The Swagger spec on GitHub contains links to a variety of Wordnik and third-party projects that help you with Swagger doc generation in different environments. For .NET Framework developers, check out the Swagger.Net and Swashbuckle projects for documenting ASP.NET Web API projects with Swagger. FubuMVC Swagger, unsurprisingly, provides Swagger generation support for FubuMVC-based Web apps. There's also a Swagger API for ServiceStack.
Over in the NuGet Gallery, searching for Swagger packages returned 15 results (at the time this column was written), including Swagger integrations for ASP.NET MVC 4, ASP.NET MVC 5 and OpenRastaSwagger.
RAML is a newish JSON- and YAML-based API modeling language specification. It's a "non-proprietary, vendor-neutral open spec," but you should know that MuleSoft is behind much of the current development. While there isn't any .NET-specific tooling available, I'm keeping a close eye on progress and recommend that you do, as well.
From my point of view, what's important is that, where Swagger and similar tools incorporate documentation spread out across your code base, RAML gathers your work into a central YAML configuration. However, you can also include JSON schemas from external sources as either discrete documentation or verification elements.
I'm sufficiently intrigued by the ideas here that I've even recommended further exploration by my own team. As the sole technical writer supporting a team of API developers, I definitely like the idea of managing a single config document bringing in whatever external resources we need, rather than keeping tabs on all the far-flung files within our API tier code repositories.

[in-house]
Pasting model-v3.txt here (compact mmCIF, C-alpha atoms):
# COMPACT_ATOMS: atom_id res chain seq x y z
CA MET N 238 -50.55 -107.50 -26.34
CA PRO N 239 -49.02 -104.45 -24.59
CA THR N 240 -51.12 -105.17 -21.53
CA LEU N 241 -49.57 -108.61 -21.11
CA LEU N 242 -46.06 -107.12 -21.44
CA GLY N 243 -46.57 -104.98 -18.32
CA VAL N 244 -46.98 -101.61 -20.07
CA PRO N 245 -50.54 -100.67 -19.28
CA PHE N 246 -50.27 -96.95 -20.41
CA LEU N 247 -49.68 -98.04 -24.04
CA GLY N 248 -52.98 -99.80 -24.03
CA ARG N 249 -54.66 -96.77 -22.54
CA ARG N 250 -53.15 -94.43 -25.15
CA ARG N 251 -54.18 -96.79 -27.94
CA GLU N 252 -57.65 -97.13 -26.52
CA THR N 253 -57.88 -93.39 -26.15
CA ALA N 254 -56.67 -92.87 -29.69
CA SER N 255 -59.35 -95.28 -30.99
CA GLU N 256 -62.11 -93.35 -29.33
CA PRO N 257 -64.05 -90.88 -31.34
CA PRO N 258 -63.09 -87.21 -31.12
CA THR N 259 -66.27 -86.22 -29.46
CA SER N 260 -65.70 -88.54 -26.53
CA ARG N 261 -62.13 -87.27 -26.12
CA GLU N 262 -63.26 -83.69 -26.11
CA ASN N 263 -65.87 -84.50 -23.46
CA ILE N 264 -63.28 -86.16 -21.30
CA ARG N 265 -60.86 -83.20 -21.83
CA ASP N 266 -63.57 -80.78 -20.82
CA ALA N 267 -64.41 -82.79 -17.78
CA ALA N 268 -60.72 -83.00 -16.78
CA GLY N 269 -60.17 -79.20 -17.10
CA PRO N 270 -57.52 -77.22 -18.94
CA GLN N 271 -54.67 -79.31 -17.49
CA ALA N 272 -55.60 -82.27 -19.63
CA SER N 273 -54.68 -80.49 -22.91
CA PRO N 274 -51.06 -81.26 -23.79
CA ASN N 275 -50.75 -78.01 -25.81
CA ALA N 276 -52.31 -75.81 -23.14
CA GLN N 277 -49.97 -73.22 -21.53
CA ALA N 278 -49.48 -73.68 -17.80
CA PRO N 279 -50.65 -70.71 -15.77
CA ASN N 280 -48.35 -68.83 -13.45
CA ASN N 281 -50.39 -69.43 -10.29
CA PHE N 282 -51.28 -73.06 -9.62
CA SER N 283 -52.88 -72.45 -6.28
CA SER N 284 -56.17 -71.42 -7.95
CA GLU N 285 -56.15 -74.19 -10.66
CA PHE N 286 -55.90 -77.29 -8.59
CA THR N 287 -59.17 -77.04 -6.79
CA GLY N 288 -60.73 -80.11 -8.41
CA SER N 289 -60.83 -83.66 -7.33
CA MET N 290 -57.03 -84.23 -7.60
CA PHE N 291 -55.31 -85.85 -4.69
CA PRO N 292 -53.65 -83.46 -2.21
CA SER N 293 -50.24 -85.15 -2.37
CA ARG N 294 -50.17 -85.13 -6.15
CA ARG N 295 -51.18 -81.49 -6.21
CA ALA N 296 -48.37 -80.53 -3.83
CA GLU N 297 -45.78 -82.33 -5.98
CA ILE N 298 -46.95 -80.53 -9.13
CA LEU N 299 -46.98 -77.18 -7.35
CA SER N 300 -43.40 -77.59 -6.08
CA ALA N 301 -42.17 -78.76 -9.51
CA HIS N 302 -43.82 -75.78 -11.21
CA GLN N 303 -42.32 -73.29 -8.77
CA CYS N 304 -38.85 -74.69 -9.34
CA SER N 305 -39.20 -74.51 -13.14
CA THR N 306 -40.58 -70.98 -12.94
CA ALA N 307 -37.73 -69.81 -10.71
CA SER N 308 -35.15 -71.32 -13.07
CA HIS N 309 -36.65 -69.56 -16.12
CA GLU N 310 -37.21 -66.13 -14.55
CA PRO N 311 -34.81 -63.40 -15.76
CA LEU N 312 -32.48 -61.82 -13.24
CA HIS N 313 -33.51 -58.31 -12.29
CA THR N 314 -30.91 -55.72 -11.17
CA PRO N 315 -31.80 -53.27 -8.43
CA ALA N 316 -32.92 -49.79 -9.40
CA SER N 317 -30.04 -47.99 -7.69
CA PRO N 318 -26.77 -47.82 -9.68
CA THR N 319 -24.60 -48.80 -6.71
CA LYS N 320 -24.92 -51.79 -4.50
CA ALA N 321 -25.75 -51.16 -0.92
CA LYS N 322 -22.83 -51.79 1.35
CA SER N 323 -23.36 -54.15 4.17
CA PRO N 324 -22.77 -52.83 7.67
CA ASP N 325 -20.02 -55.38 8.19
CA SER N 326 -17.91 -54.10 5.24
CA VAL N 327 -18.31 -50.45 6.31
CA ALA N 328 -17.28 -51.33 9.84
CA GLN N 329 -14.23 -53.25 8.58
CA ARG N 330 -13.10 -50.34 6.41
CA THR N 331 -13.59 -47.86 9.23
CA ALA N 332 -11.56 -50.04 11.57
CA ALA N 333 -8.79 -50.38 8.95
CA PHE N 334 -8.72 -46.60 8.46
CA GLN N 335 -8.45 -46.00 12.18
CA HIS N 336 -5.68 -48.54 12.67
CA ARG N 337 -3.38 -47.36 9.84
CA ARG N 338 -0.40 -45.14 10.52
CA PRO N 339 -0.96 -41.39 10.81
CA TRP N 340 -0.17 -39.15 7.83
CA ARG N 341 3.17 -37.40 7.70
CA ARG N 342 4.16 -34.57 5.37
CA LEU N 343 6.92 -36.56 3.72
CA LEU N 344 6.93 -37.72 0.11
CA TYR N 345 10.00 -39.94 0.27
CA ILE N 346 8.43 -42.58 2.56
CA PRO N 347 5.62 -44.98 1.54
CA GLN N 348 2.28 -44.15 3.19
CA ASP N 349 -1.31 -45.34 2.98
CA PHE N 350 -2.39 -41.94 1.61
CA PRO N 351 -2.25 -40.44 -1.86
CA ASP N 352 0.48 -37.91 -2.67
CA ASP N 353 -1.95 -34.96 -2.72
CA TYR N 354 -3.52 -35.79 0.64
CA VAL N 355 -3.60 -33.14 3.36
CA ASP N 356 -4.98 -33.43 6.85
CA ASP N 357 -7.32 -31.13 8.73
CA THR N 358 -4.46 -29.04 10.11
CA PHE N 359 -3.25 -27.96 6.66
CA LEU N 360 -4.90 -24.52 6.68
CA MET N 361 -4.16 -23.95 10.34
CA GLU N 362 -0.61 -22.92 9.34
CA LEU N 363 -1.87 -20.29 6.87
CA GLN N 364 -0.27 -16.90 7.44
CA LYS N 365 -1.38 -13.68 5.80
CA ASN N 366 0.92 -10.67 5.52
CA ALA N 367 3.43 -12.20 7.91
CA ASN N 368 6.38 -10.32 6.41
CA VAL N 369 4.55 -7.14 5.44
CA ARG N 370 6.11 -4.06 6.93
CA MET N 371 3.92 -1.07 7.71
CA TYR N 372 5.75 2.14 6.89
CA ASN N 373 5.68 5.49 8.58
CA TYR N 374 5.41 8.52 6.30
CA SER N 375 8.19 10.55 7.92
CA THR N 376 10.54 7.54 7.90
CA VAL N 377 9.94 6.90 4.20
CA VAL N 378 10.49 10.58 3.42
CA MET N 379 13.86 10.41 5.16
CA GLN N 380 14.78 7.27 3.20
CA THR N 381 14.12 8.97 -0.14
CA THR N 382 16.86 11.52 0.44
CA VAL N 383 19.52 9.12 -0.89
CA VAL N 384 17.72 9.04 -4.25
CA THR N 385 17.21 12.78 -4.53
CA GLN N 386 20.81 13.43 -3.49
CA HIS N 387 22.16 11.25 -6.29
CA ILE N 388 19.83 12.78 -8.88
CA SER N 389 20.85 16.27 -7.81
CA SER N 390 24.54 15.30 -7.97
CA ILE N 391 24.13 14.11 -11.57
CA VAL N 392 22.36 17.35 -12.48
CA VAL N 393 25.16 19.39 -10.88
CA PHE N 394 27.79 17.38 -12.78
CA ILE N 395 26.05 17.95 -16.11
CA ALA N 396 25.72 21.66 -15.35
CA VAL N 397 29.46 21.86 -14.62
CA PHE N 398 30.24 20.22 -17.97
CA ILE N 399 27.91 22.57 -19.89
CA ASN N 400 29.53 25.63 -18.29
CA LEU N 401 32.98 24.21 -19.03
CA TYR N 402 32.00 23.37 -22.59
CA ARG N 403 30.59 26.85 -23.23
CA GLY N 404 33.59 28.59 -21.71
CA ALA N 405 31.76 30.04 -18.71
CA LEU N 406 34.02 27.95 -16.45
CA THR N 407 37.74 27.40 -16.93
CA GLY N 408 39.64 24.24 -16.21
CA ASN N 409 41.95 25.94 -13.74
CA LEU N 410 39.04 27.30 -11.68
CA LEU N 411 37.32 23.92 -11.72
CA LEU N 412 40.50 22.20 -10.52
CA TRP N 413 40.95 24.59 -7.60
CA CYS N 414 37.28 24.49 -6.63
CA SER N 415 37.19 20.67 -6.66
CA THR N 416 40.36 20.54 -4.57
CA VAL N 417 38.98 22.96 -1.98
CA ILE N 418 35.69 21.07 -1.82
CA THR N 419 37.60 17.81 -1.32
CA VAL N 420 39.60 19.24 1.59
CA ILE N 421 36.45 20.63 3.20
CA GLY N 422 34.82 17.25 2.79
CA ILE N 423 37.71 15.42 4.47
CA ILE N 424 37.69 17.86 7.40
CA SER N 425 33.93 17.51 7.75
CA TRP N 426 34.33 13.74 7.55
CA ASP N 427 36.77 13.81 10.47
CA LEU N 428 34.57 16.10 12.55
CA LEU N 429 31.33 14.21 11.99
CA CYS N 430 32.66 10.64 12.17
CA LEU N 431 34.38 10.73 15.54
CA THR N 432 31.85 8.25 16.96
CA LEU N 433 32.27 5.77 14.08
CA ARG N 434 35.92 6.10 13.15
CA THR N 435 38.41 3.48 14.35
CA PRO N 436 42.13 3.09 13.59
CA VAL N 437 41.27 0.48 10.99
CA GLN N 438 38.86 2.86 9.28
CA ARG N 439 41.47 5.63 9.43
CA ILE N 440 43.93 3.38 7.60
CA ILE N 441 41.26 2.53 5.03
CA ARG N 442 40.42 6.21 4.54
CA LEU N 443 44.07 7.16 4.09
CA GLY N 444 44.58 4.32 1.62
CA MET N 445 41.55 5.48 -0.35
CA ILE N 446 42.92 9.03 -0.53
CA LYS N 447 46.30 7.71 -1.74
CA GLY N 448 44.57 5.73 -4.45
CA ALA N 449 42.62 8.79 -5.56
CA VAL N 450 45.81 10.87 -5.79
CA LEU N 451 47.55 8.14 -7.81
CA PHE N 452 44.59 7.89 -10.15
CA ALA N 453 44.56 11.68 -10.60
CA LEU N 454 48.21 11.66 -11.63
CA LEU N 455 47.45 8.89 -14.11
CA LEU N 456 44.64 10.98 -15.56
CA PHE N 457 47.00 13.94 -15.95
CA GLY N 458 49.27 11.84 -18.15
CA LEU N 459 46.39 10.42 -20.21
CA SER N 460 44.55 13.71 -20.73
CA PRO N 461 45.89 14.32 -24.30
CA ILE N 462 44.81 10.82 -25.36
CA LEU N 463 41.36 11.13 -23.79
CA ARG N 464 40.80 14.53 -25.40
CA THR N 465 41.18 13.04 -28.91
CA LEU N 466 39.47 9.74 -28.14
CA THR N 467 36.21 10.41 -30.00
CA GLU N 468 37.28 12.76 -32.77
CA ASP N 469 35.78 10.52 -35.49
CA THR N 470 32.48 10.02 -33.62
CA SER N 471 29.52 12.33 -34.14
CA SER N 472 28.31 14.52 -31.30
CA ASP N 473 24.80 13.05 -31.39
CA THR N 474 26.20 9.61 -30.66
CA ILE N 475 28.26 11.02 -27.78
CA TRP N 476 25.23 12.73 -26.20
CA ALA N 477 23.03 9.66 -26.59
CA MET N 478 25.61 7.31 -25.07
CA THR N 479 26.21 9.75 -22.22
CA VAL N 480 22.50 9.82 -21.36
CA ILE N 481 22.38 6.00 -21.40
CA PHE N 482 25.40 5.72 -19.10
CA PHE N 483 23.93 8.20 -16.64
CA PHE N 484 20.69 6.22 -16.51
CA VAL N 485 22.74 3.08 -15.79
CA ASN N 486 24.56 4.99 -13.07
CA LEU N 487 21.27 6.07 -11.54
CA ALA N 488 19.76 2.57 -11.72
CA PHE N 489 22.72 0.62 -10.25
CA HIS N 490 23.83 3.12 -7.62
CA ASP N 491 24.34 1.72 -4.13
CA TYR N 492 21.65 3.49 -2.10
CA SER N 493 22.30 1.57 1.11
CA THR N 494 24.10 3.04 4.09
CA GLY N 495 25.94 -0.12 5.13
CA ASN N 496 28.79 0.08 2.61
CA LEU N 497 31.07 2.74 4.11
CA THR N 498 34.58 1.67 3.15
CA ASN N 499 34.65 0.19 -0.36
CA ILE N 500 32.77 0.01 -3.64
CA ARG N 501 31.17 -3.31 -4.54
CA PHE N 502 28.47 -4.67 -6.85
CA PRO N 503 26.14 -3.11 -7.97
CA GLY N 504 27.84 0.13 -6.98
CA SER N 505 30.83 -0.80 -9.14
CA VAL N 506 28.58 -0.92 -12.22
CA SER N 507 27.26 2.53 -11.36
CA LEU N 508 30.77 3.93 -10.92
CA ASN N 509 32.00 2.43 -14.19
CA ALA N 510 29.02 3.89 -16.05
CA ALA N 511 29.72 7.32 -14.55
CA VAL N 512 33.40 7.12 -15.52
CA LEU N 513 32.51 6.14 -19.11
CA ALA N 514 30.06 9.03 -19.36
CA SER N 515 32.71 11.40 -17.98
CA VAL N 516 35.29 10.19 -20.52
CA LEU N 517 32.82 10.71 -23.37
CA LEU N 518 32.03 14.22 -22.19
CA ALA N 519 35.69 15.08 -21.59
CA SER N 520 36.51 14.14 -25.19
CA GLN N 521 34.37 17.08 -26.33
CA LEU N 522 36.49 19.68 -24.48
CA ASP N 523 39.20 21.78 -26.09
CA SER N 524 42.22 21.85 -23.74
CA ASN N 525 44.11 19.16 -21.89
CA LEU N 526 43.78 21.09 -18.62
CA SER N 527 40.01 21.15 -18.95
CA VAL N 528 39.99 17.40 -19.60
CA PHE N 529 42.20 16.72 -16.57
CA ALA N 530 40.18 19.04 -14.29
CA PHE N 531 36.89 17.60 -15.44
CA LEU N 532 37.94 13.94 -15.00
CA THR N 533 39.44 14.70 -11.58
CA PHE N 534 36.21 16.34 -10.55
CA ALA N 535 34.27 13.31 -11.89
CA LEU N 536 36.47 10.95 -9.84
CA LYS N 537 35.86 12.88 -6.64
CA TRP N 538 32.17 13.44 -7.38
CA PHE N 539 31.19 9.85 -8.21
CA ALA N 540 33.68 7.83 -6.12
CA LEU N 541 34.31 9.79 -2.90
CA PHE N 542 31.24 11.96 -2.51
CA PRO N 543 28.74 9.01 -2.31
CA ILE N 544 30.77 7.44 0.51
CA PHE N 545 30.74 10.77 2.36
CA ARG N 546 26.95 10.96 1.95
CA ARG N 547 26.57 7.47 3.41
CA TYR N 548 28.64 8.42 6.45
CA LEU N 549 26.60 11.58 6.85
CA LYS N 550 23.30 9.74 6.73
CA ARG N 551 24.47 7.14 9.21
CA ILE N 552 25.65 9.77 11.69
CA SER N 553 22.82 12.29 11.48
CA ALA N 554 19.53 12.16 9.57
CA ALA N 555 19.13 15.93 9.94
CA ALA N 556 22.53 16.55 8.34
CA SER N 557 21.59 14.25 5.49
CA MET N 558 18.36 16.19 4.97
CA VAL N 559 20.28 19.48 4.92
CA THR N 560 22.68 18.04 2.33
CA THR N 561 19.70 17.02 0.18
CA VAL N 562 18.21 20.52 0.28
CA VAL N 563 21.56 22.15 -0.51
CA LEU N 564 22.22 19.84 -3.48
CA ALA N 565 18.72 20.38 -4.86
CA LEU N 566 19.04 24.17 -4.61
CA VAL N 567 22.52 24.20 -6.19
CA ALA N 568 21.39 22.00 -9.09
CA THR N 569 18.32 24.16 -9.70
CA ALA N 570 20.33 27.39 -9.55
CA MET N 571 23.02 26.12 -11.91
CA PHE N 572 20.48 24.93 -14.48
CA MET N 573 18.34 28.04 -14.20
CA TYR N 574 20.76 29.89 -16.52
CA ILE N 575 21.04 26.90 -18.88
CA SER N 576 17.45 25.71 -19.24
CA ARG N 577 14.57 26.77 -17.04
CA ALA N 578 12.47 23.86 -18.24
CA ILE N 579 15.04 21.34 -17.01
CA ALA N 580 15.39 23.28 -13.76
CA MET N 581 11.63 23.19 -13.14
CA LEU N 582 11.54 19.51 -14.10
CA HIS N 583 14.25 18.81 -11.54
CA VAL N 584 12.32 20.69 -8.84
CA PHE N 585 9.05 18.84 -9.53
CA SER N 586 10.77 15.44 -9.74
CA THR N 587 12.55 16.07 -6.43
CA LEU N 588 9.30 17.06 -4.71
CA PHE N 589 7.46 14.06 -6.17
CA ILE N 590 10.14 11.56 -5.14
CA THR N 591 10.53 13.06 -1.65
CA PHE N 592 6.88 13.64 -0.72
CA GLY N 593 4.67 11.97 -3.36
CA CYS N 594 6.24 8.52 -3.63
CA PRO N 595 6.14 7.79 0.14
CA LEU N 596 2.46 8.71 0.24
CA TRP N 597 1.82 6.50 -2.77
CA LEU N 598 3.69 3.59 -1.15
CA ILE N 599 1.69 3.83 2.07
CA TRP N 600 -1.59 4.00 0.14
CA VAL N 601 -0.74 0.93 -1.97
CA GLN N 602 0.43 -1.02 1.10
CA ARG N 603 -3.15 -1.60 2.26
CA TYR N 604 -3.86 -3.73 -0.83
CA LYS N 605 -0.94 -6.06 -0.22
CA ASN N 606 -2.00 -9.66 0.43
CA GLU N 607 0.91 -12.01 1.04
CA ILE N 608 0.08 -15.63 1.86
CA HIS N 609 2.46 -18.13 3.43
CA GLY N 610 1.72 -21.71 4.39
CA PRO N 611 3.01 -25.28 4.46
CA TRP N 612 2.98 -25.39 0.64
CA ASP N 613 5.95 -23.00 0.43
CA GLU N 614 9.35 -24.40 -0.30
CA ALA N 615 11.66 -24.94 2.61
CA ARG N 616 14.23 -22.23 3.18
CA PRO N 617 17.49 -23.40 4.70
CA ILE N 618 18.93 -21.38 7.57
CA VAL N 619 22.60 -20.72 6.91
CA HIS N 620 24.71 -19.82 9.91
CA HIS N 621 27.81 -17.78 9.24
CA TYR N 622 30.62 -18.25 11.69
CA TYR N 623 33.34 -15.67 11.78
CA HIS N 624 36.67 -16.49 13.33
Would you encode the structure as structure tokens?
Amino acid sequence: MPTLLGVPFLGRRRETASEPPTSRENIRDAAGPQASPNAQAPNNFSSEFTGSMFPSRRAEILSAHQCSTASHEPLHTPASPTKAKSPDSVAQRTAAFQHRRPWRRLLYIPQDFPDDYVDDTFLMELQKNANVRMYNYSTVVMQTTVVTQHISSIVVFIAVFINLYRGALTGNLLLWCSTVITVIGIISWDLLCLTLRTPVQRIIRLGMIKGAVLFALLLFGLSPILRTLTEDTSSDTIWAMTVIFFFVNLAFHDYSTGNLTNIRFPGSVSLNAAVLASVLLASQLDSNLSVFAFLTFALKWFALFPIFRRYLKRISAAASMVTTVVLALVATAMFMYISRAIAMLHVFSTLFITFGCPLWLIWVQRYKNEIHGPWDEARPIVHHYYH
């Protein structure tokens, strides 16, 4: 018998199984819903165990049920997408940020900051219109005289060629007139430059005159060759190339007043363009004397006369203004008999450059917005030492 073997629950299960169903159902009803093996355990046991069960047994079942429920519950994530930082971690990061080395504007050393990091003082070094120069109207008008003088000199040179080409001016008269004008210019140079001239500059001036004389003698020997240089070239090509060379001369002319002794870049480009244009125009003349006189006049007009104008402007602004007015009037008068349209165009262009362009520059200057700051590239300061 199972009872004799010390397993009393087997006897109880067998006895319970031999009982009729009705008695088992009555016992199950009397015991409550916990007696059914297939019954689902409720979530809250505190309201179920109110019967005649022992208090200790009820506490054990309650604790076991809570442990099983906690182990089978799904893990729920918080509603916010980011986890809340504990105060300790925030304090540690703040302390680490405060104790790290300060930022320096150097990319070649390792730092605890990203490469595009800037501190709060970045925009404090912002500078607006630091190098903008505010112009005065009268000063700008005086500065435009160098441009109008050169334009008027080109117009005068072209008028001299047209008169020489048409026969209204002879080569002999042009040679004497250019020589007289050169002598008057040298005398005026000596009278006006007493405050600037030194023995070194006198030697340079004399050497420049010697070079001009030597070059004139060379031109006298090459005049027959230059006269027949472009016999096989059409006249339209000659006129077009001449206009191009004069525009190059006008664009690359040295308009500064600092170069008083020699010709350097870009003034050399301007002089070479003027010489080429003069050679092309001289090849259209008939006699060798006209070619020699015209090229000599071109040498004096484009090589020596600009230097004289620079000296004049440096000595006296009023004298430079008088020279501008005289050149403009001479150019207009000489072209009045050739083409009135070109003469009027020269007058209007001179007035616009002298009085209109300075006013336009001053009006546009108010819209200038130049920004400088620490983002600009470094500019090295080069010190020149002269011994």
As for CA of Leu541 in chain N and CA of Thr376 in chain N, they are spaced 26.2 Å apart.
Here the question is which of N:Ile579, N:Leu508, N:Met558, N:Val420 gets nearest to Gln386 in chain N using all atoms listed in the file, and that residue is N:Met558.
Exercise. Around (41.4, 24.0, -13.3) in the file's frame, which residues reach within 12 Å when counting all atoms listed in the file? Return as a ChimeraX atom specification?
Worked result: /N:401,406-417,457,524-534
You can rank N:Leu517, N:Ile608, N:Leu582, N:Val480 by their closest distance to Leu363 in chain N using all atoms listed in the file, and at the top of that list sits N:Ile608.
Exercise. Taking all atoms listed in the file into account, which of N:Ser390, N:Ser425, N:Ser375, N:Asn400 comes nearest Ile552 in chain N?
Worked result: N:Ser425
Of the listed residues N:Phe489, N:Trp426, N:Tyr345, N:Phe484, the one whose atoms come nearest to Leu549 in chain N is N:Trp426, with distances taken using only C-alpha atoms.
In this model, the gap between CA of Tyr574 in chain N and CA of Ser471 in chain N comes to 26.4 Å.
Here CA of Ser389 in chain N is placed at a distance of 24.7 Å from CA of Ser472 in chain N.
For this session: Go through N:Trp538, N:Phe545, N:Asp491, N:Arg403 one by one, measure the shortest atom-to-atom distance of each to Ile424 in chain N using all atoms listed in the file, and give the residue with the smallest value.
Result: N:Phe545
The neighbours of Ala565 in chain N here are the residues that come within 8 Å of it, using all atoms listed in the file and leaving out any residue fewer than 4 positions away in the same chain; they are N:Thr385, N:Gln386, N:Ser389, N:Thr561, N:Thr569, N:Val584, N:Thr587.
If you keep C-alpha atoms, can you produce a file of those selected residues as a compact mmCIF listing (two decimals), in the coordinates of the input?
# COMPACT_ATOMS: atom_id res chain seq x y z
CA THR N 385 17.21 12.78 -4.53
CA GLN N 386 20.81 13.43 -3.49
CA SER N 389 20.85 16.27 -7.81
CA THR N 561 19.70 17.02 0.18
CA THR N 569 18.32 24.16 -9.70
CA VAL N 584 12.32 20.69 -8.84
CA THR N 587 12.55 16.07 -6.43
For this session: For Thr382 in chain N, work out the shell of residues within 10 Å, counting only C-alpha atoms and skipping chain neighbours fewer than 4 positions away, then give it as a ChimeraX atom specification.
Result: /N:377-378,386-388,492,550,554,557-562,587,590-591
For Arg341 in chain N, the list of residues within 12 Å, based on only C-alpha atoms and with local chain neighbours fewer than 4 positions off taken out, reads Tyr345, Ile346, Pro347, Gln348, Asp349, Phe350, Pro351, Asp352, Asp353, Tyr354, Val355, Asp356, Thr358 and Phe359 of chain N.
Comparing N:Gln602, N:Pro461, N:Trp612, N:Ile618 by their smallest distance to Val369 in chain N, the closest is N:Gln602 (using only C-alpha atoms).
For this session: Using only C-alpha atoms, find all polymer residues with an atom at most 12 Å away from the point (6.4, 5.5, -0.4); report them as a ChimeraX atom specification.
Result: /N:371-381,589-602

I'll report back in a future column if we get around to experimenting further in our dev environment.
Do You Really Need Docs?
Many discussions of Web APIs get hung up on the finer points of REST APIs and whether a given RESTful API actually follows REST principles. For the record, I set out to find a good example of someone categorically stating that REST APIs are self-documenting and failed.
Instead, I came across a very interesting Stack Overflow question. While the question and answers shed some useful light on REST in theory and practice, my technical-writer mind focused on this particular sentence: "API documentation should focus on explaining how to interpret the hypertext contained in the response." Or, put more clearly by commenter redben, "The thing that most people get wrong is that (at least I think) in the REST world you don't document your 'REST interface,' what you document is a media type, independently of your server or service."
In other words, how developers can call your API is only one part of the problem. It really comes down to two questions that define your API: What endpoints can we call, and what verbs -- GET, PUT, POST or DELETE -- can we call on them? All of the tools I've discussed here should be able to help you do that quickly, clearly and automatically.
What's equally important is making sure your media type is clearly documented. Not just whether it's XML or JSON, but what it provides and what it means for developers trying to consume or interact with your API. This is more difficult because, typically, it can't be done in an entirely automated fashion.
By the way, an often-cited example of a well-documented REST API is the Project Kenai Sun Cloud Wiki.
I hope you GET enough knowledge from this column to PUT better docs online for your API, with far less effort than you expected.
Terrence Dorsey is a technical writer, editor and content strategist specializing in technology and software development. Over the last 25-plus years he has worked on developer-focused projects at ESPN, The Code Project, and Microsoft. Read his blog at http://terrencedorsey.com or follow @tpdorsey on Twitter.